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Energy Disinformation Attacks LNG Exports



Countering "disinformation" is the mission of the U.S. Department of Homeland Security's newest bureau, targeting for deletion anything they regard as misleading and that threatens our national security. Yet a recently published piece of disinformation about LNG exports, appearing in a widely read inside-the-Beltway political journal, appears to have escaped the censors' notice. Since "an untruth unchallenged becomes the truth", EEIA is correcting the record.

The offending piece, "LNG exports will add to climate change", which ran in "The Hill" on April 18, was written by Professors Anthony Ingraffea and Robert Howarth of Cornell University. They claim that the U.S. is running out of natural gas, that we have only about 15 years' worth of domestic consumption remaining in the ground, and that exporting LNG hastens the end of our supplies, threatens our national security, increases carbon emissions and diverts capital from renewable energy investments.

These claims rely on the professors' misinterpretation of data from the U.S. Energy Information Administration (EIA). They assert that our remaining supplies are limited to "proved reserves", defined by EIA as known, measured gas resources present in actively producing shale and reservoir formations under existing economic and operating conditions. EIA data show that proved reserves today are about 500 trillion cubic feet (Tcf). The authors' 15-year supply claim calculates that we will run out of natural gas after withdrawing all of today's proved reserves, at current production rates of about 30 Tcf per year.

But per EIA's own definitions, the correct measure of remaining resources is "technically recoverable resources" (TRR). TRR includes both proved reserves and gas thought to exist in our shale basins, and considered producible over time using existing recovery technology, based on geological surveys.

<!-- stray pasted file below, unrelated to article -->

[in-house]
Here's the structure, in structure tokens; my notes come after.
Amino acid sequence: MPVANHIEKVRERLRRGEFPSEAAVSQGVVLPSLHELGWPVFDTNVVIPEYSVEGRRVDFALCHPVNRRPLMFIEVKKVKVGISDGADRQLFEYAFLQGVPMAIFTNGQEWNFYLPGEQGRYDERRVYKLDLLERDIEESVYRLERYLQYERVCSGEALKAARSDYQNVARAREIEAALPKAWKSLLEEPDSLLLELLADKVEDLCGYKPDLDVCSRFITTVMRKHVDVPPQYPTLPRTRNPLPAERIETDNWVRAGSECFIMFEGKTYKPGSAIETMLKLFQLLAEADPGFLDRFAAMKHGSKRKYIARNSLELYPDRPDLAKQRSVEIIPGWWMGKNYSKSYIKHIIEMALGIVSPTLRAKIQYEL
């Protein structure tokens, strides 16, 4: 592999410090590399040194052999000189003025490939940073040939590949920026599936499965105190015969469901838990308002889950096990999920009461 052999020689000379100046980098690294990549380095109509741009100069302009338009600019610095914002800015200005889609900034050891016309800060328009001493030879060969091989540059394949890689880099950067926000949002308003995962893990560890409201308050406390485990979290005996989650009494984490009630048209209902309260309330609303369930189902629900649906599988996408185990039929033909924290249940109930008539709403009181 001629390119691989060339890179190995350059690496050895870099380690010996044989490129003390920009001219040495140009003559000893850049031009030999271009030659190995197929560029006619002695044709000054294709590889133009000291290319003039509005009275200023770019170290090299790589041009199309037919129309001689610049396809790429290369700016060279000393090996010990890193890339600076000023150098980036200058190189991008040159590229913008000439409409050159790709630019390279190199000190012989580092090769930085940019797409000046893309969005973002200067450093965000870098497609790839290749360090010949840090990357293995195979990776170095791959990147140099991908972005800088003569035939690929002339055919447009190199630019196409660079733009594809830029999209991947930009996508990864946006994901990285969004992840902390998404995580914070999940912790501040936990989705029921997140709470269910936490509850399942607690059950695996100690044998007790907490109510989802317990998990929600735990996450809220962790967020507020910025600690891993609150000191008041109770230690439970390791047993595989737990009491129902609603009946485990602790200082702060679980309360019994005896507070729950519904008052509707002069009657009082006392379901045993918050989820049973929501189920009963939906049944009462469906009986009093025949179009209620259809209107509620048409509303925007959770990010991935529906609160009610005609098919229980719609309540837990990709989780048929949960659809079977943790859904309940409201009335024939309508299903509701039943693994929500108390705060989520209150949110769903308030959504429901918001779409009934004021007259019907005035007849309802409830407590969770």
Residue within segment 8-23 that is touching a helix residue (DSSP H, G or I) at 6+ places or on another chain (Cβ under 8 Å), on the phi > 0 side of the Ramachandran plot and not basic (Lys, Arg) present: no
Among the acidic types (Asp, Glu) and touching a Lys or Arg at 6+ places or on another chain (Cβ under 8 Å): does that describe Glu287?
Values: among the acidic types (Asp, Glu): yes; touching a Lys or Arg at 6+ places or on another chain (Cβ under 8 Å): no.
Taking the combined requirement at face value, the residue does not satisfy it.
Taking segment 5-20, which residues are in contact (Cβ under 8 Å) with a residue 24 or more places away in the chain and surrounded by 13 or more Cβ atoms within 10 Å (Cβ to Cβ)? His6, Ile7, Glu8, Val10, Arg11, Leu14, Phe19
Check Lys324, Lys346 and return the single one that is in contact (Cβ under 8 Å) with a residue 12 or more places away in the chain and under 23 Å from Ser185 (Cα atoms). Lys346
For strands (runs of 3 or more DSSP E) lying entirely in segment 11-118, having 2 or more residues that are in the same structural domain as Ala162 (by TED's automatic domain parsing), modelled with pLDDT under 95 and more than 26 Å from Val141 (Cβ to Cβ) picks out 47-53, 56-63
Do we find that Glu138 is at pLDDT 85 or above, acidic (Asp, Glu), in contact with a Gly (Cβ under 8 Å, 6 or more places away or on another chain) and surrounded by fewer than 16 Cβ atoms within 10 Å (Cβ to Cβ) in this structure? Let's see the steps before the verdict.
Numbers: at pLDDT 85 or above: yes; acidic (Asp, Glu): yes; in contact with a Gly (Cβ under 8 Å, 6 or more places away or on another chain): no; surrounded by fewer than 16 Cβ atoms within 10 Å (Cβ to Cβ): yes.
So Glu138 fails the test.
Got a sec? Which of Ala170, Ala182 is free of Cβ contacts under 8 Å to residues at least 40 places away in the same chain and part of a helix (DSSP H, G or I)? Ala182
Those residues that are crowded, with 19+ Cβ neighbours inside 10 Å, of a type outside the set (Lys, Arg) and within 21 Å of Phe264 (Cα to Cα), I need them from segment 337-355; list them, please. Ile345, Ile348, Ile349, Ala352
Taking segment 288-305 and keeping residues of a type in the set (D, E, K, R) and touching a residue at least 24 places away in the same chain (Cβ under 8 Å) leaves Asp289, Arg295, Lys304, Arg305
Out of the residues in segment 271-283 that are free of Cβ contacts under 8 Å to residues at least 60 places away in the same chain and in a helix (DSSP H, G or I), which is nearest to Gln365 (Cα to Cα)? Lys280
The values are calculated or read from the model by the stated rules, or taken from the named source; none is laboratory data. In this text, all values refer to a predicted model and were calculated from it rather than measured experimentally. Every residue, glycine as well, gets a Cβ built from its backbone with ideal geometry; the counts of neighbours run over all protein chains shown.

According to EIA's latest Annual Energy Outlook (2022), "as of January 1, 2020, there were about 2,926 trillion cubic feet (Tcf) of TRR of dry natural gas in the United States. Assuming the same annual rate of U.S. dry natural gas production in 2020 of about 30 Tcf, the United States has enough dry natural gas to last about 98 years."

Notwithstanding rapidly growing production, reserves in both categories have increased substantially nearly every year as new discoveries are made and production economics and technologies improve. For example, according to EIA U.S. proved reserves grew almost 3-fold from 2000 to 2020.

Europe now imports about 11 Tcf of Russian natural gas annually, richly funding Putin's barbaric war machine while making themselves hostage to the Europe-wide economic and humanitarian calamity that a sudden shut-off would produce. Putin's stopping deliveries to Poland and Bulgaria is a warning shot "across-the-bow", telegraphing his bigger threat against Germany and other more gas-dependent European economies.

To correct the professors' disinformation, here are the messages EEIA is communicating to the DC policy-making community: Congress, the Administration, and the legion of advocates urging new policies on them. We encourage you to amplify these points through your own communications with your elected representatives:

(1) If America were to supply all of Europe's natural gas needs via LNG exports, even for an extended period, it would barely dent our vast and growing natural gas resources.

(2) As to America's national security, of which energy security is an important part, a Russia enriched by natural gas exports is by far the greater threat.

(3) Substituting Russian natural gas with U.S. LNG will mitigate greenhouse gas emissions. U.S. natural gas is produced, transported and processed under far tighter environmental controls than Russian gas.

(4) Without access to adequate supplies of American LNG, the European power sector is reverting to higher-emitting coal to run its electricity generation fleets. Also, increasing U.S. LNG exports to Asia, where coal already dominates power generation, would achieve even greater reductions of climate-changing emissions.

(5) As the world struggles with energy shortages and higher prices driven by lack of infrastructure and suddenly worsened by the prospect of ongoing Russian aggression, investments in our natural gas and oil infrastructure, especially pipelines, directly support America's and our allies' energy security and lower greenhouse gas emissions at a time when it was never more important.

(6) Because of our vast resources and superior technology, with the right policies that enable investment in and construction of infrastructure including pipelines and export terminals, we can fill that role while continuing to provide Americans with reliable and affordable natural gas energy and the countless essential everyday products derived from it.

Please let us know if you have additional points, or feedback that further strengthen these messages, as we continue to communicate them to America's energy policymakers.


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